Moody-Hamilton Lectures in Atlantic History

This lecture series was established in 2013 to recognize Dr. Barry Moody’s service to the Department of History and Classics and to Acadia University. The lecture series is supported by donations from colleagues, alumni and friends and endowed in 2014 through an estate gift of William and Marian (Banks) Hamilton. The Moody-Hamilton Lectures, offered biennially at Acadia University, are given by distinguished or popular scholars in the history of the Atlantic world. The lectures are open to the public with free admission and are announced and promoted by the Department of History and Classics.

Dr. Moody graduated from Acadia with a BA History in 1967 and completed his MA and PhD at Queen’s University. He returned to teach at Acadia in 1970, where he served as Department Head and Acting Dean, and finally Professor Emeritus. Dr. Moody is the author of many publications on aspects of Nova Scotia history including, most recently, A History of Annapolis Royal: A Town With a Memory, Volume Two: 1749-2005.   

Dr. William B. Hamilton earned three degrees from Acadia (BA 1949, BEd 1950, MA History 1953) and a PhD from University of Western Ontario. His academic appointments include University of Western Ontario and Mount Allison University where he was Professor Emeritus following his retirement in 1995. He wrote many books on Atlantic History including The Nova Scotia Traveler and Place Names of Atlantic Canada. Marian Banks earned her BA English from Acadia in 1955 and a BEd from Mount Allison in 1956. A teacher and social worker, she became an artist and volunteer in retirement.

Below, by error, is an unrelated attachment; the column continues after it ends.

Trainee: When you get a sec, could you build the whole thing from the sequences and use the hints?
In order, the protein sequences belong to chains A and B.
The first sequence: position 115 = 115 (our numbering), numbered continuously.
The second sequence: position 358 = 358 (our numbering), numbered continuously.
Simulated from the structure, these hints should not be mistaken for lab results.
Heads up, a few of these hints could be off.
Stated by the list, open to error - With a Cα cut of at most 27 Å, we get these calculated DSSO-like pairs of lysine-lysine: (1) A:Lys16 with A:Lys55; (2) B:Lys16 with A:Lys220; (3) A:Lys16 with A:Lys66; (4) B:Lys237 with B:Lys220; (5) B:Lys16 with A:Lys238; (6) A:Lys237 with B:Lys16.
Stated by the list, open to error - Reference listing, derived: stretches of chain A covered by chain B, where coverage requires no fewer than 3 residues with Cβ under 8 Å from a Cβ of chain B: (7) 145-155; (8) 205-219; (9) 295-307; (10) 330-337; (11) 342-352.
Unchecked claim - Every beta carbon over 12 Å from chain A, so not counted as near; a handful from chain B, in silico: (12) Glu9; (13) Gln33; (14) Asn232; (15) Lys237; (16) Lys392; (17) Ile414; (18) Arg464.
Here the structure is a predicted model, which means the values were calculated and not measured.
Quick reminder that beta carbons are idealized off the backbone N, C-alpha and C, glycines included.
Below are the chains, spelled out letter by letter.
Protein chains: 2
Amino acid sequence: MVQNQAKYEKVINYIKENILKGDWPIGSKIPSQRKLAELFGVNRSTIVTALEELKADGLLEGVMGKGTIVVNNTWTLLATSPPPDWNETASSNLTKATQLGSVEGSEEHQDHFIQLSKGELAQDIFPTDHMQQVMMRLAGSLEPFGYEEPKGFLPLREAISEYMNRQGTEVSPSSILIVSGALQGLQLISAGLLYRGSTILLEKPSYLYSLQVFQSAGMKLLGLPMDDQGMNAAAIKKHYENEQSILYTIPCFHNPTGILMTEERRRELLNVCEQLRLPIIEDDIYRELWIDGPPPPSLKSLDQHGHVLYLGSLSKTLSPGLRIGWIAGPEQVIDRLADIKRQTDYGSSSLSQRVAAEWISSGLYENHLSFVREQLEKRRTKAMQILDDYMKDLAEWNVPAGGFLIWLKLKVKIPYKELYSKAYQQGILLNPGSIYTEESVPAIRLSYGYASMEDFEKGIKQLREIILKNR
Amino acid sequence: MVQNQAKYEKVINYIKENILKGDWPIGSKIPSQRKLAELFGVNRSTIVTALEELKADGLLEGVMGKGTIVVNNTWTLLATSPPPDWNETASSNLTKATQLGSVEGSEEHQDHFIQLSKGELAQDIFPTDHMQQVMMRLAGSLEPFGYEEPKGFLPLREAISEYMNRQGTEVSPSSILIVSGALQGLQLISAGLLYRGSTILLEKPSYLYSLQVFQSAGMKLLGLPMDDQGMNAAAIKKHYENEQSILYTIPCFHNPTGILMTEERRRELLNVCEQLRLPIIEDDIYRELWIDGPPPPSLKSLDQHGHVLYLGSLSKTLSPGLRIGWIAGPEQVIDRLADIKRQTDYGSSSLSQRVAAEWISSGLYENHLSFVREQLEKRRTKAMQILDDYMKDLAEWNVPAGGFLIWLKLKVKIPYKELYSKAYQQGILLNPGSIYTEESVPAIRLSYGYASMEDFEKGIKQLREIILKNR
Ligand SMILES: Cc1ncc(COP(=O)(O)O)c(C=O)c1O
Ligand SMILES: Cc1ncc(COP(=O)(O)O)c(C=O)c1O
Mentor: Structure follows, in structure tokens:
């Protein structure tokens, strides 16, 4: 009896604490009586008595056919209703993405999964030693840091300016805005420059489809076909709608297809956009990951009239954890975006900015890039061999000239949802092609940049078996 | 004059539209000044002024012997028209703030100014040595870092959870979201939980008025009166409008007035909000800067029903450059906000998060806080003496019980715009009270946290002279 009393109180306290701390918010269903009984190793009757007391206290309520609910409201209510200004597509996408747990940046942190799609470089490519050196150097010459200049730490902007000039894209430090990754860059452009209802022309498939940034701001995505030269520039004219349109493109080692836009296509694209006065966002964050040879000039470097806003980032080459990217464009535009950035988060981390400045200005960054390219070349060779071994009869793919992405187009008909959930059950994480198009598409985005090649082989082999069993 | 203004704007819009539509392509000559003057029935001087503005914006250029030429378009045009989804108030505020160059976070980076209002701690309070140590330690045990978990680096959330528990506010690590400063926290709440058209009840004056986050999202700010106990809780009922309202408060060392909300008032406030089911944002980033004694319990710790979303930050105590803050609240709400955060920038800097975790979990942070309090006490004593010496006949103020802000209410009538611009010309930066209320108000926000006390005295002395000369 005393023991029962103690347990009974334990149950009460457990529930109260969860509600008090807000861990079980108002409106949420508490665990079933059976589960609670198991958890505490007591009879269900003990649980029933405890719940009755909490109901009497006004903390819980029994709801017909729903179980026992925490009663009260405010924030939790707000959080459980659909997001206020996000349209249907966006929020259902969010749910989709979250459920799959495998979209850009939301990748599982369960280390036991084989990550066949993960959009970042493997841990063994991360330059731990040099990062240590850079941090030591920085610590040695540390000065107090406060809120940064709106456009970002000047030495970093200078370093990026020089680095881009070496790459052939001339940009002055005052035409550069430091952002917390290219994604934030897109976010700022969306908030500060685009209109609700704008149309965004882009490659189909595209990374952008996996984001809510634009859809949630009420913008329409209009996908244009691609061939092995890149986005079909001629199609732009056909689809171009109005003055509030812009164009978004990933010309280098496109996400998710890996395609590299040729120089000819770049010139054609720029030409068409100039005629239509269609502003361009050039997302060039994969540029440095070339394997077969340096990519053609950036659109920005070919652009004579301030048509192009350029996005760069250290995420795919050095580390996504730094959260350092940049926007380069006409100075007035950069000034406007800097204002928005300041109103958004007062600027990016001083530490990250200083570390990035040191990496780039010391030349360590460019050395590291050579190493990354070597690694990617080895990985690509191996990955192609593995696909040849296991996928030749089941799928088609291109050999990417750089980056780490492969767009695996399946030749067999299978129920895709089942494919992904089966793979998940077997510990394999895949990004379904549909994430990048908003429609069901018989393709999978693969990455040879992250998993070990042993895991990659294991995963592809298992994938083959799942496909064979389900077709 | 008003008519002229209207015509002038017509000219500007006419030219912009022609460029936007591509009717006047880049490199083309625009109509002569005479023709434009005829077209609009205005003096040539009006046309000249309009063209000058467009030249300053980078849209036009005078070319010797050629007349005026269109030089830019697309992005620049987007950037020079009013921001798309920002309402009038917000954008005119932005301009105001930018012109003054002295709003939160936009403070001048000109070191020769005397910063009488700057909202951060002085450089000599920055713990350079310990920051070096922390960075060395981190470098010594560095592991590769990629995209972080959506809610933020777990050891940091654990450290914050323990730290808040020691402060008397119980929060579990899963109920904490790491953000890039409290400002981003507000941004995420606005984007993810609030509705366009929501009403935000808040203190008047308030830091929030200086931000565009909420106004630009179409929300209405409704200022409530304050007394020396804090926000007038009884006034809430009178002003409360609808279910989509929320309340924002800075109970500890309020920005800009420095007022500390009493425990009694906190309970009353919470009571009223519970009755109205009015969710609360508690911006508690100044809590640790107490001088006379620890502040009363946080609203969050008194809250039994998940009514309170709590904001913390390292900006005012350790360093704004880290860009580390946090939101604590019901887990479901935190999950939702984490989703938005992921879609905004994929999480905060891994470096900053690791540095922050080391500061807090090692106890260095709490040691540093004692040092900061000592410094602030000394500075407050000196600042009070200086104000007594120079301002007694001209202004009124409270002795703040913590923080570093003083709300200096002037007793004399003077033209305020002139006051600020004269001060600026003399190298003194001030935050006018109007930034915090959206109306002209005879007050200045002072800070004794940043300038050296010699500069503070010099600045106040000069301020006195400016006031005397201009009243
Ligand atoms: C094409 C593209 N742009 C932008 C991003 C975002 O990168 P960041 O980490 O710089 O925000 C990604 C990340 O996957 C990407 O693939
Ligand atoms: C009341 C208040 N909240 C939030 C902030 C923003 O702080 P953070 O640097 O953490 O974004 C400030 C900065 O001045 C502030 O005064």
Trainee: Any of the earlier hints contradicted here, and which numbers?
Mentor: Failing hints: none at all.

2019 Moody-Hamilton Lecture in Atlantic History

The Department of History and Classics is delighted to host Dr. Charmaine A. Nelson, Professor of Art History at McGill University, for the 2019 Moody-Hamilton Lecture in Atlantic World History. Dr. Nelson’s talk is titled: “’he…had meditated an attempt to get on board a ship…bound to Newfoundland’: The Limits of the Term ‘Refugee’ for Enslaved Africans in Canadian Fugitive Slave Advertisements.” (abstract below)

This event also celebrates African Heritage Month and will begin at 7 p.m. in BAC 244 on Monday, February 4th. All are welcome.

Paper abstract: For decades the term refugee have been pervasively and uncritically used to describe the northward transit of enslaved African Americans out of bondage in the Unites States and into freedom in what was to become Canada. Enshrined in part through the popularity of publications like Benjamin Drew’s The Refugee: Narratives of Fugitive Slaves in Canada (1856), the term does not fully encompass the complexity of a transatlantic context in which slave holding and free states, often held by competing empires, shared borders. In such a world, while crossing a border could often mean the attainment of an instant but precarious freedom, it frequently did not entail the promise of welcome as asylum or refuge from the new state. This paper challenges the pervasive use of the term refugee in the context of the Underground Railroad and instead, through a close analysis of Canadian fugitive slave advertisements, asks if fugitive slaves fleeing from Canadian slave owners were refugees or people who desired to attain such a status. In slave minority communities where the enslaved suffered under heightened surveillance, what was their capacity to achieve independent mobility, state-sanctioned asylum, and a legal re-designation as free people?